Stage 1 - Applying for social benefits: facing exclusion
Picture: Christian Schnettelker
1. The process of applying for social benefits subjects people to humiliating and punishing scrutiny. It is gruelling and harmful in and of itself. It requires people to invest significant time and resources, and to disclose vast amounts of personal information. For example, people may be required to turn over troves of personal documents (such as documents that show people’s financial status, housing, income, family structure, and identity), provide biometric information or DNA, take a drug test, undergo psychological and physical assessments, face unannounced home visits, travel long distances to meet repeatedly with case workers to answer intrusive questions, disclose the paternity of their children, appear in person for check-ins at government offices, and account for decisions to purchase particular food or goods. This time-consuming process is too often counterproductive: it exposes them to heightened scrutiny that impairs their abilities to seek and engage in work, advance their training and education, or care for their families. Surrendering one's privacy and dignity by submitting to surveillance should not be a condition for receiving benefits or a design choice to deter people from applying for benefits.
2. Surveillance deters people from seeking and receiving benefits. Social benefits systems are often designed to be onerous and intrusive so as to discourage people from applying for benefits they are legally entitled to. The level of personal information people are repeatedly required to reveal, the judgement implied in the questions asked, and the way in which people are treated with suspicion while complying with numerous conditions is harmful on a psychological as well as social level.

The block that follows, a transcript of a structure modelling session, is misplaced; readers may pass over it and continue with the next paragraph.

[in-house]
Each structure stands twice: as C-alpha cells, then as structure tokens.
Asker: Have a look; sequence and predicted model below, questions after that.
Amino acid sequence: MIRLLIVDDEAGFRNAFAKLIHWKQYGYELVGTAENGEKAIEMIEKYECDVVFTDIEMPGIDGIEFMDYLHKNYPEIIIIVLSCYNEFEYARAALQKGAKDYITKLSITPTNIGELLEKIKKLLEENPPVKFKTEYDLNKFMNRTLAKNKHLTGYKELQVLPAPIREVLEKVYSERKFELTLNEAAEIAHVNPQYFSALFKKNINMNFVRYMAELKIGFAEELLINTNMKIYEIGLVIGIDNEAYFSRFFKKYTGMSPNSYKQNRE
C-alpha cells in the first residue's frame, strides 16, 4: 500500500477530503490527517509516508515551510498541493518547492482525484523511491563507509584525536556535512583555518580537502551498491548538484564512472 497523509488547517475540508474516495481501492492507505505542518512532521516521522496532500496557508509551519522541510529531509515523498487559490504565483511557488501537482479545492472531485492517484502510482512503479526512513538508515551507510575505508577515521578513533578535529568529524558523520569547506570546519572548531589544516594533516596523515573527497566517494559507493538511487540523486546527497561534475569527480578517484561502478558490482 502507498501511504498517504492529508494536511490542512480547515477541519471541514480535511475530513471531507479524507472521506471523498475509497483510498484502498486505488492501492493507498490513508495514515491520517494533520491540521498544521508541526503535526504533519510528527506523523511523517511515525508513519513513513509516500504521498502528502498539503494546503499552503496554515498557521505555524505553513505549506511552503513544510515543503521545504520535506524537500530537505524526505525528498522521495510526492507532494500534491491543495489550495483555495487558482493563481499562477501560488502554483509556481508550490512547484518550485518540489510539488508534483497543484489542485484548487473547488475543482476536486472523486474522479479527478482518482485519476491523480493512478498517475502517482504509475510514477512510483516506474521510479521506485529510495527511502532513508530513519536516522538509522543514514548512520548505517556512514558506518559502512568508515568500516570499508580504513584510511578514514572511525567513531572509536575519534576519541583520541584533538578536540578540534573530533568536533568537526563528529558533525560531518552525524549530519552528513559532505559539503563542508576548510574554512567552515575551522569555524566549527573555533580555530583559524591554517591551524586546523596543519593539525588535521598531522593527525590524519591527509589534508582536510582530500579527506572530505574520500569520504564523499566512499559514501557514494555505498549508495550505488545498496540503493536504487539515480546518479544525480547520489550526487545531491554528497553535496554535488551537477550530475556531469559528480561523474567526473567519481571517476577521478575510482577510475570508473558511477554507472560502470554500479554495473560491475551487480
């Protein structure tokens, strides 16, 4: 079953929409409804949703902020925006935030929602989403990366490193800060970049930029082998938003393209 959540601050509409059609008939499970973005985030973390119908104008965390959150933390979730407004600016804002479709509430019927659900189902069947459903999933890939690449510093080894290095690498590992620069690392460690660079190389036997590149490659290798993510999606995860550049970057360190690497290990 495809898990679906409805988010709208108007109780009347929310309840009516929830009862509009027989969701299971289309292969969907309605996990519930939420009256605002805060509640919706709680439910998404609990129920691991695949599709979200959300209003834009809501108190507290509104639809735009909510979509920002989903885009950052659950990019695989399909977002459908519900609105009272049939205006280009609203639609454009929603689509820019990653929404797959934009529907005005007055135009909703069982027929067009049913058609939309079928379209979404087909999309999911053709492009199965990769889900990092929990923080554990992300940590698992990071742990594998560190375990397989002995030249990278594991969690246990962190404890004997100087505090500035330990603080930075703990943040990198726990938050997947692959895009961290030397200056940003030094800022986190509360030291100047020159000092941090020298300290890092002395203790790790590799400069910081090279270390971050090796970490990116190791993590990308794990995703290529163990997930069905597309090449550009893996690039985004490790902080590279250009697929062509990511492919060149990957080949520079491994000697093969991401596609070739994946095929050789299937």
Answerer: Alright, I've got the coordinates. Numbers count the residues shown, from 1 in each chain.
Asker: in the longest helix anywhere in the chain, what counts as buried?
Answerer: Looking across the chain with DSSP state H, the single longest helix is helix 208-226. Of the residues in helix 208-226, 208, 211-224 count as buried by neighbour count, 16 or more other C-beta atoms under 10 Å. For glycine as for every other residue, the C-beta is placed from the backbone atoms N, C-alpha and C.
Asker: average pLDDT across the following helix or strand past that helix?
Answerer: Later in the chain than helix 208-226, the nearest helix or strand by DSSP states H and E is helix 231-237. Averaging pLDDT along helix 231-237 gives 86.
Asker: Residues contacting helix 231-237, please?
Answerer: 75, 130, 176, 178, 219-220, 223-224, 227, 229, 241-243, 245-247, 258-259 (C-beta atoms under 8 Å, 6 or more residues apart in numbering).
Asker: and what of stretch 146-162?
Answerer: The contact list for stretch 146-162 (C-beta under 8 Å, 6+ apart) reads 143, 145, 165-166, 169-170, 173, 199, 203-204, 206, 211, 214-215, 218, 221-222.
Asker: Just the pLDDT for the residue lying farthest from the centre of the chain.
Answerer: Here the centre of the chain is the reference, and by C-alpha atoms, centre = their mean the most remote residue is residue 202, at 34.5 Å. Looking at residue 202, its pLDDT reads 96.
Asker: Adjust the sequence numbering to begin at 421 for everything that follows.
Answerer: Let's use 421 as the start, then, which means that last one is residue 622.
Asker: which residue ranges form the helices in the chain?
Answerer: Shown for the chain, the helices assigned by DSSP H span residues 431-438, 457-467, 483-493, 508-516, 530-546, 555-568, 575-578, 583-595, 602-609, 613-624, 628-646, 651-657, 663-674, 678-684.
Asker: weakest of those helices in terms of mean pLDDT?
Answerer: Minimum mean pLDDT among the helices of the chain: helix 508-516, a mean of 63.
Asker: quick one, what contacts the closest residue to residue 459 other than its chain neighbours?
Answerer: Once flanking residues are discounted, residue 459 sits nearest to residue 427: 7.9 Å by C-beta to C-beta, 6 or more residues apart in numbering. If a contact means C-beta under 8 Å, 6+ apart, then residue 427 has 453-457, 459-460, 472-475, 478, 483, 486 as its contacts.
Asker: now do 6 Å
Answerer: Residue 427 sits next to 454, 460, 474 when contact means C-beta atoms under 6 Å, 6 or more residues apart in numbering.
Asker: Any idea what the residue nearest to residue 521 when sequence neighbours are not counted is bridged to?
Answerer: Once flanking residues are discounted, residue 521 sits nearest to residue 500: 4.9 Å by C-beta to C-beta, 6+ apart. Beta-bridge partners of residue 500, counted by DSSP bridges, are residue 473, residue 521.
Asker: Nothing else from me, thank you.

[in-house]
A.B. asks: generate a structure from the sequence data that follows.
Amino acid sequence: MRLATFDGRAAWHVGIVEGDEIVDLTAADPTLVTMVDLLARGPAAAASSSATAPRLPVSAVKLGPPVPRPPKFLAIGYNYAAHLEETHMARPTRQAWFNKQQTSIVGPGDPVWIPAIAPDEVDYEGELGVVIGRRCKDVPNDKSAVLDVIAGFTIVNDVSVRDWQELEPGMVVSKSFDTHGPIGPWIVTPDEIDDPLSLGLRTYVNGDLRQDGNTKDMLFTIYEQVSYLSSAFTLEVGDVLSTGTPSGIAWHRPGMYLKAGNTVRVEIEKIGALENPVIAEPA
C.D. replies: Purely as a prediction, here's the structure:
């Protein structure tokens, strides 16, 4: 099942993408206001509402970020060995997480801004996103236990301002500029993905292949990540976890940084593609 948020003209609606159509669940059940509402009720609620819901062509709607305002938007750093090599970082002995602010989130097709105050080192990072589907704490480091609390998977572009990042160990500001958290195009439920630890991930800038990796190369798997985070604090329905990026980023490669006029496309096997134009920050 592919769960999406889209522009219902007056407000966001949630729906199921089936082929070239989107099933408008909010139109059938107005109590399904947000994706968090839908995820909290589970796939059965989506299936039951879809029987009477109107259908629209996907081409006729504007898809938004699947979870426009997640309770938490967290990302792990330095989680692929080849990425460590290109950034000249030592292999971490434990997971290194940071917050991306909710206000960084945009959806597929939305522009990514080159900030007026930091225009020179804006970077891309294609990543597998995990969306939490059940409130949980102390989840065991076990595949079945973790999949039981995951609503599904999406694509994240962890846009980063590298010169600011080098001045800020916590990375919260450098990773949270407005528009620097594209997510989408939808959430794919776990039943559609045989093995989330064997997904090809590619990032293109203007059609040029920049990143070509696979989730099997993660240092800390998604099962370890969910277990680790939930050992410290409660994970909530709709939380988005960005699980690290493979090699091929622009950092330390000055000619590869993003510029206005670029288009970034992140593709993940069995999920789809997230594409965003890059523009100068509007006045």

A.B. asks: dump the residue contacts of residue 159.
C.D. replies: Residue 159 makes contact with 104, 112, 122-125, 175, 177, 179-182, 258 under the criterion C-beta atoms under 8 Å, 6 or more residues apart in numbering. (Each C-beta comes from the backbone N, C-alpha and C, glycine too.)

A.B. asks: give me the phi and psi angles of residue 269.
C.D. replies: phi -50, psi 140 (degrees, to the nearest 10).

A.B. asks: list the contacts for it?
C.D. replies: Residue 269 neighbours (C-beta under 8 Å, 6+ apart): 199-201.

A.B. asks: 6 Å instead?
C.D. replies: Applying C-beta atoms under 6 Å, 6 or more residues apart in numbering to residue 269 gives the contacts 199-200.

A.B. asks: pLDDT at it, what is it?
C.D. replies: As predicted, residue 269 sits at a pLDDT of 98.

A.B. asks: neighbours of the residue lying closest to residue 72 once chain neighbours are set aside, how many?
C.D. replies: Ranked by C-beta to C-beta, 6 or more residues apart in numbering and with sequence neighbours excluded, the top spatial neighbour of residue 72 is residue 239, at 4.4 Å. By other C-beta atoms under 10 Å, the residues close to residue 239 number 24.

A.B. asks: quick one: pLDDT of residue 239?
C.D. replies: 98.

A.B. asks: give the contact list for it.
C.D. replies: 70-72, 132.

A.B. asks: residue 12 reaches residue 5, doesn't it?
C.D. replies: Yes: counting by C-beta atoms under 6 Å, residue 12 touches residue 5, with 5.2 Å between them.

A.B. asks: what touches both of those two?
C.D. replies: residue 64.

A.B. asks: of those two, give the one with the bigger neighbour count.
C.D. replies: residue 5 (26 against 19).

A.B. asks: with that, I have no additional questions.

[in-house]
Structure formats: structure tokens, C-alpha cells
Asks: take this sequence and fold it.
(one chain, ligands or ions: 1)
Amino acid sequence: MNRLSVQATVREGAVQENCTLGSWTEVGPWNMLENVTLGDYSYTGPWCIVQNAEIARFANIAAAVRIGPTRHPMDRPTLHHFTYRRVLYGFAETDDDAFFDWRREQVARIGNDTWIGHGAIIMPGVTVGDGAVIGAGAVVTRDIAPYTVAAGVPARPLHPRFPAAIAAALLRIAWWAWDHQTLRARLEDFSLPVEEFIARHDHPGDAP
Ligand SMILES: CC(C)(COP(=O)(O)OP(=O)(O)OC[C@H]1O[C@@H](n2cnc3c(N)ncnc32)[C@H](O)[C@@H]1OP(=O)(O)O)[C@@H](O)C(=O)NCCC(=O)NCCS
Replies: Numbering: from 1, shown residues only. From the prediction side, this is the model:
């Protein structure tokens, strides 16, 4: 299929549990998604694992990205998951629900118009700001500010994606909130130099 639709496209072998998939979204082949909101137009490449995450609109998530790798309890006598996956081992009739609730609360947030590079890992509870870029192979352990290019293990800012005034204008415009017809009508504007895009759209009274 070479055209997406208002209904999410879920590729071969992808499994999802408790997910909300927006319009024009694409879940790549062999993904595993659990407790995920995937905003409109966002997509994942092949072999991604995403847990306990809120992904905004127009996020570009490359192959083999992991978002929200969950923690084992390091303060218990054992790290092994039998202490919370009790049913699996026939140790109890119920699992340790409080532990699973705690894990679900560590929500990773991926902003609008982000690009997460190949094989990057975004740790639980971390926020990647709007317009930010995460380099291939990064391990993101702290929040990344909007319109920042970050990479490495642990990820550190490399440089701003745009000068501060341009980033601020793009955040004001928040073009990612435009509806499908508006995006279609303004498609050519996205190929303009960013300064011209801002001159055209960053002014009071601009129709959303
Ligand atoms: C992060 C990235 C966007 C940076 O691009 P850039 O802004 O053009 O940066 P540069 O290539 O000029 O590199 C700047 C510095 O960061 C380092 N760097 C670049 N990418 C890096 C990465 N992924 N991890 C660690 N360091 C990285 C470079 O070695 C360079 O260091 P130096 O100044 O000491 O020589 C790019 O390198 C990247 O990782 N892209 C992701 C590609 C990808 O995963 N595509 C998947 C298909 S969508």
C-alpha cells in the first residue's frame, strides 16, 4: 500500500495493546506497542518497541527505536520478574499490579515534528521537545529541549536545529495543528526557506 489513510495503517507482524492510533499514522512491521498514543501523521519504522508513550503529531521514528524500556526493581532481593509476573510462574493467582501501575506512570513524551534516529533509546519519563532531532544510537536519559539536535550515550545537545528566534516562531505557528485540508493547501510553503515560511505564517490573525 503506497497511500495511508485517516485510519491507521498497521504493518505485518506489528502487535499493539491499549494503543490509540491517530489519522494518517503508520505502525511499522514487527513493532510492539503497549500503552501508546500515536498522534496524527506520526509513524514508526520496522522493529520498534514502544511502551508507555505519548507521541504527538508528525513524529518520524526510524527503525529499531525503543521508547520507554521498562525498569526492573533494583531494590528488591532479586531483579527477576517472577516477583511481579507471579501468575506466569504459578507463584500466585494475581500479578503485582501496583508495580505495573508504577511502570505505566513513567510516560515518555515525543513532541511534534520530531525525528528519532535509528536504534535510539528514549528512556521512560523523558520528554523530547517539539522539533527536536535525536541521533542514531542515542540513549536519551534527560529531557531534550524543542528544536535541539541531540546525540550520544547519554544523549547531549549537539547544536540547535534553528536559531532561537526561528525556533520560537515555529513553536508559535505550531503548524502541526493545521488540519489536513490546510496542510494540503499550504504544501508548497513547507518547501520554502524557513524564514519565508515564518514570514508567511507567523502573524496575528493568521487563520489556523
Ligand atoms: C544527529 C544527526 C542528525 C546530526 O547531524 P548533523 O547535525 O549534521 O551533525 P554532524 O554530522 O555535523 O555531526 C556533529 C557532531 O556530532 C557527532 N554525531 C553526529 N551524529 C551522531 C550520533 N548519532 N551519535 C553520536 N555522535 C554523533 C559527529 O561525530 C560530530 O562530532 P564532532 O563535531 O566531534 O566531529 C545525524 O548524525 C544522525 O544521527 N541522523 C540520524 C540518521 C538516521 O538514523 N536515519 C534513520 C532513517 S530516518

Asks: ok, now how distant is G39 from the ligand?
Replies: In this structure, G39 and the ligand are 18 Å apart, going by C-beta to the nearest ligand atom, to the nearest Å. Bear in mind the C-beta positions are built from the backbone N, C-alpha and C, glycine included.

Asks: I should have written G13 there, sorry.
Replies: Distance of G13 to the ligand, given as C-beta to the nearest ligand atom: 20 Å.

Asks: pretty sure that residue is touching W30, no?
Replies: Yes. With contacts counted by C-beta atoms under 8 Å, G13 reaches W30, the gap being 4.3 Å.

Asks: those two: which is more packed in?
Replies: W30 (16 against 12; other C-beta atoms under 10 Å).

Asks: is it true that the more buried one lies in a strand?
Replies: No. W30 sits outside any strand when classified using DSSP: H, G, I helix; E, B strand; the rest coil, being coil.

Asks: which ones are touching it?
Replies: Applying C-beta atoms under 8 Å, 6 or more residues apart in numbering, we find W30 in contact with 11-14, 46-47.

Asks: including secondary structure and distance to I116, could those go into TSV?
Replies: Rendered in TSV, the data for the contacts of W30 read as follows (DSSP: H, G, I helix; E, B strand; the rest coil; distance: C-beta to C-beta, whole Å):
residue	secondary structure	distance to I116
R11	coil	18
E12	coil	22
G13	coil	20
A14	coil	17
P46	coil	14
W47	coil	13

There is a practical aspect to this as well: people face challenges in collecting the evidence required and in navigating the bureaucracies that process such evidence, which poses particular problems for people who lack literacy skills or a sufficient understanding of how these extremely complex systems work. Systems that are ‘digital by default’ can further exclude people who lack access to digital technology or the ability to use it proficiently. In addition to discouraging people from seeking benefits, particularly when the amount of benefits offered may be insufficient to adequately meet the person’s or family’s needs in the first place, these systems further stigmatise poverty.
3. By categorising people as ‘deserving’ or ‘underserving’, ‘blameworthy’ or ‘blameless’, the state justifies surveillance of the poor. The perception that some people are poor as a result of economic or social failing—rather than the intersection of broader structural, historical and cultural forms of marginalization and discrimination—helps justify the expansive and constant monitoring of lower-income people. The state will use labels, such as ‘deserving’ versus ‘undeserving’ or ‘eligible’ versus ‘ineligible,' to justify collecting the vast troves of information required to make such distinctions. This monitoring often primarily applies to cash assistance and cash transfer programs; in contrast, government benefits primarily designed for working people and those from the dominant classes, such as tax credits, do not come with the same stigma and scrutiny.
4. Systems too often place the burden on individual applicants to prove their eligibility. Social benefits claimants are less likely to have access to the resources needed to prove their eligibility, challenge bad decisions, or defend their rights.
We should challenge:
- intrusive requirements that deter people from seeking benefits, both because of the practical difficulties of producing so much information and the surveillance aspects.
- eligibility criteria and categorisations that justify the creation and implementation of systems of surveillance that blame and exclude people in vulnerable situations.
- surveillance practices that perpetuate and exacerbate inequalities experienced by people applying for social benefits.